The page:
An eleven year old girl has just been sold to her neighbour. A fourteen year old is pregnant for the second time after being raped by the same man. A nine year old child has just married a fighter. A young woman has just been ‘honour killed’ by her family. If this was happening near you, there wouldn’t be a soul who didn’t hear the story. Yet this is going unnoticed simply because it isn’t happening on our soil. Map coordinates should not change the validity of horror stories like these, so why do they?
These horrendous injustices constantly lead me to question why today, I have a roof over my head, food on my plate and love in the hearts of those who surround me, when a girl just like me is being abused today, and every day for the rest of her life.
In Sudan, a woman can be sentenced to flogging or death by stoning for being raped outside of marriage. In Mali, most women are married before their eighteenth birthday, and almost all of them will experience some degree of genital mutilation. These vile examples of the oppression of womanhood are a dangerous reality for far too many women around the world.
In our society, women are often told to ‘cover up’ to prevent unwanted attention. Although this concept is unfair in itself, hiding one’s body doesn’t make a difference in many parts of the world. In fact, in Sudan women are flogged simply for wearing trousers. It seems that the cyclical persecution of women is perversely inescapable. What is it that makes young British women more deserving of respect and equal treatment than someone born on different turf?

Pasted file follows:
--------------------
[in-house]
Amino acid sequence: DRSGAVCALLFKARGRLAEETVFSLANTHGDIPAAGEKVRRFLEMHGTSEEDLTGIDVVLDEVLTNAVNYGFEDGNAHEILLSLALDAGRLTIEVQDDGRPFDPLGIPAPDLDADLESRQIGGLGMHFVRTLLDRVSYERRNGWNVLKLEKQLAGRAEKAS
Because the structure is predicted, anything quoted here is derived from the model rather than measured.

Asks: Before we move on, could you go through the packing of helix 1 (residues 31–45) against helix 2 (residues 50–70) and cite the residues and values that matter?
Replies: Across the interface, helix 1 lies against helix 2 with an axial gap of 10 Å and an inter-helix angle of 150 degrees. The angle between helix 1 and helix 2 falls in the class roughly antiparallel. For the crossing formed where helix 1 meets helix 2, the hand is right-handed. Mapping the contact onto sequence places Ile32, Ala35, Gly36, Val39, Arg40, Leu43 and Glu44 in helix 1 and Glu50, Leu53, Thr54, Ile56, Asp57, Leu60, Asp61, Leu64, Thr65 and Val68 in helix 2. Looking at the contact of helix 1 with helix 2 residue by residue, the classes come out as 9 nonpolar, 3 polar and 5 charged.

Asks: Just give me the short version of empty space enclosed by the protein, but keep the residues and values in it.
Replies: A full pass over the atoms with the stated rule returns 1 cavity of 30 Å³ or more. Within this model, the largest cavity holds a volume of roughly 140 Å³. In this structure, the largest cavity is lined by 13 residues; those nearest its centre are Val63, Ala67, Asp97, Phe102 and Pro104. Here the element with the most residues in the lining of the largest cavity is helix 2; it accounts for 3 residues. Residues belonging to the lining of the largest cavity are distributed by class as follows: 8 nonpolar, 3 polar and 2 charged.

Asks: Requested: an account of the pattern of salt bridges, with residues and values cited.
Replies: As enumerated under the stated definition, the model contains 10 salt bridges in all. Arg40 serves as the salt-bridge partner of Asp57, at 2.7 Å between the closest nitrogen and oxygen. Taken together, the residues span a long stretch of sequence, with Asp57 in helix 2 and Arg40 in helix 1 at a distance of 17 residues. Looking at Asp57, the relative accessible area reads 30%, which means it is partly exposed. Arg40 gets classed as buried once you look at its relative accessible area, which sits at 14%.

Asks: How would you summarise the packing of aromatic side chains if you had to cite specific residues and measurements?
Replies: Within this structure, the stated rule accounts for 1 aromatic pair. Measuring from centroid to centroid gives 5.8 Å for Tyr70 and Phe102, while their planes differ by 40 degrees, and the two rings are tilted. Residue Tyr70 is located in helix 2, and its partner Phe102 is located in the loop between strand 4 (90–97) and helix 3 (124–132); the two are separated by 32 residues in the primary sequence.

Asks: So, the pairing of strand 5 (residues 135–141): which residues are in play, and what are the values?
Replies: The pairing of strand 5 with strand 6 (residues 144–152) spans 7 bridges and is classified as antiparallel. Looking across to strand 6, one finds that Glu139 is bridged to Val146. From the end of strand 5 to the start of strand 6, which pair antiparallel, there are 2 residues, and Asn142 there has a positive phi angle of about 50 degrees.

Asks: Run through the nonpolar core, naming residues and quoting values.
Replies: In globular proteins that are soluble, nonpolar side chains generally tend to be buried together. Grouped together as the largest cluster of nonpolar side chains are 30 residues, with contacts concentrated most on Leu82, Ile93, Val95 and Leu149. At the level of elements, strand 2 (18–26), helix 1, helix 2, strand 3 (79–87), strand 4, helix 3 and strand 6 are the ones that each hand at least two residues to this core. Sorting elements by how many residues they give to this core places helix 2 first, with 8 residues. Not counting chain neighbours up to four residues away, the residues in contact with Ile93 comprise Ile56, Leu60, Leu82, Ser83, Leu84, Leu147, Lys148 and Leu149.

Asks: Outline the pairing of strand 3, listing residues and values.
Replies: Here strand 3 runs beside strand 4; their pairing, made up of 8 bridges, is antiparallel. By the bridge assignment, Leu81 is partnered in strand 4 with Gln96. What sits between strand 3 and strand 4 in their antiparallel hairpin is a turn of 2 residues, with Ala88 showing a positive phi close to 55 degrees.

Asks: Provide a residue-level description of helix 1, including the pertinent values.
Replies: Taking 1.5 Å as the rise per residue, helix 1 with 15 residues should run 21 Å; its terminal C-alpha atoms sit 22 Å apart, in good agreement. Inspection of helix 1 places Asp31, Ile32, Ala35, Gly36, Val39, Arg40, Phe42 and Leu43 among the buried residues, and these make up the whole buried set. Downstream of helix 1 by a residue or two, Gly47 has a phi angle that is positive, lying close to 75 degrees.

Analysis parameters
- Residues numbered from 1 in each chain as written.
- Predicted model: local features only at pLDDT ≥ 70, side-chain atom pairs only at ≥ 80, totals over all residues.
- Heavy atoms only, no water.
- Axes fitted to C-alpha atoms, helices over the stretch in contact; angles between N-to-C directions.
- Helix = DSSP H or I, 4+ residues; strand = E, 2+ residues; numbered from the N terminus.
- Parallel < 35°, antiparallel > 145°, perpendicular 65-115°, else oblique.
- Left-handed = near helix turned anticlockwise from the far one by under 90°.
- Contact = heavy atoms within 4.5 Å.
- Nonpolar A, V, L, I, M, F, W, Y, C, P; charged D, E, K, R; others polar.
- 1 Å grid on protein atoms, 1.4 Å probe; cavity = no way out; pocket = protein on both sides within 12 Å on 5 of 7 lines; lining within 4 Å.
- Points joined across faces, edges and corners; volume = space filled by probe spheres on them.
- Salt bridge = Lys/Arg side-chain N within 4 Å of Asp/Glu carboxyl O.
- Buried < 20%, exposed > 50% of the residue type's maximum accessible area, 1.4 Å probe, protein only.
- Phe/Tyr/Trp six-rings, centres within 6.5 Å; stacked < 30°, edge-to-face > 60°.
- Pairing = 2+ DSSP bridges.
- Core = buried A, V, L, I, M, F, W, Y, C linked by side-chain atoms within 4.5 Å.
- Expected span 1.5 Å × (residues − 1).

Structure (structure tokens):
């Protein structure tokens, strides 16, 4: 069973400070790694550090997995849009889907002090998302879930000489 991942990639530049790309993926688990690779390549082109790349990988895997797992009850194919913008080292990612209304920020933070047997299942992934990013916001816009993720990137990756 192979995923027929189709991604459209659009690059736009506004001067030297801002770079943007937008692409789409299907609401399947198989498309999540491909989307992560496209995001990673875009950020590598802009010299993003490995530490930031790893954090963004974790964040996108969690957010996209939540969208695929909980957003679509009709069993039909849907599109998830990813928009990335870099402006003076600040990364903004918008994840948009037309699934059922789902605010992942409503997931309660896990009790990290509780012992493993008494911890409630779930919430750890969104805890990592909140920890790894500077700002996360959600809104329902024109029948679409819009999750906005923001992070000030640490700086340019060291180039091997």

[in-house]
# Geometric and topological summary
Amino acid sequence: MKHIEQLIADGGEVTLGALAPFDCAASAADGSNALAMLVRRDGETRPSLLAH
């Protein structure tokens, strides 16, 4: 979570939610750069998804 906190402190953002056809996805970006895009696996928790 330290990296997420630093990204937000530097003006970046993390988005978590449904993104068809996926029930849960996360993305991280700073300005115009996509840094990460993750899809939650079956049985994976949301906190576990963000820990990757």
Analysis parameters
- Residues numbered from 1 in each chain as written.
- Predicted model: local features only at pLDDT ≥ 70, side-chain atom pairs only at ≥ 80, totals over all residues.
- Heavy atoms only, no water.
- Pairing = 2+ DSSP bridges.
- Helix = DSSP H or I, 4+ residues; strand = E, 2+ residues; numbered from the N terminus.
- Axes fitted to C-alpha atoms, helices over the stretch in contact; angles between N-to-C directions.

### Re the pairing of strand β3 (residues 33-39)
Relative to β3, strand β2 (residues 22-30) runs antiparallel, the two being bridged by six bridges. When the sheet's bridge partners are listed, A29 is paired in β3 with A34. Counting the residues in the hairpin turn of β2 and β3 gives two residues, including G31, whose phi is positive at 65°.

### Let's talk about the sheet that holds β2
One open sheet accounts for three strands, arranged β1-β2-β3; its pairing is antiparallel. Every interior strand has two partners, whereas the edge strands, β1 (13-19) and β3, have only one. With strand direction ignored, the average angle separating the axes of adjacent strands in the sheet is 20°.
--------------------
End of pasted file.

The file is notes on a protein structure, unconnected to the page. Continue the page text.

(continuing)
In Yemen, of 301 parliamentarians, no more than three have been female at any one time. It’s no wonder why Yemen has been voted by the WEF, as the worst nation for educational and economic equality every year since 2006. Recently it was revealed that Hollywood’s leading actress, Jennifer Lawrence, is earning an average of 18 million dollars less than her male equivalent. In the first world, organisations and feminist movements are battling for equal pay – a perfectly valid cause – but what about the women in the likes of Pakistan who earn over 80% less than their male equivalents? This sexism will never end if something isn’t done.
There are some wonderful organisations working every day to change the lives of people who suffer like this. Amnesty International have a campaign dedicated to improving the lives of women around the world, by providing them with fundamental human rights. Similarly, foundations such as The Girl Project are working hard to put every young female into education.
As human beings, we have a collective responsibility to change the world for the better.
Let's do it.
Published by Meg Edwards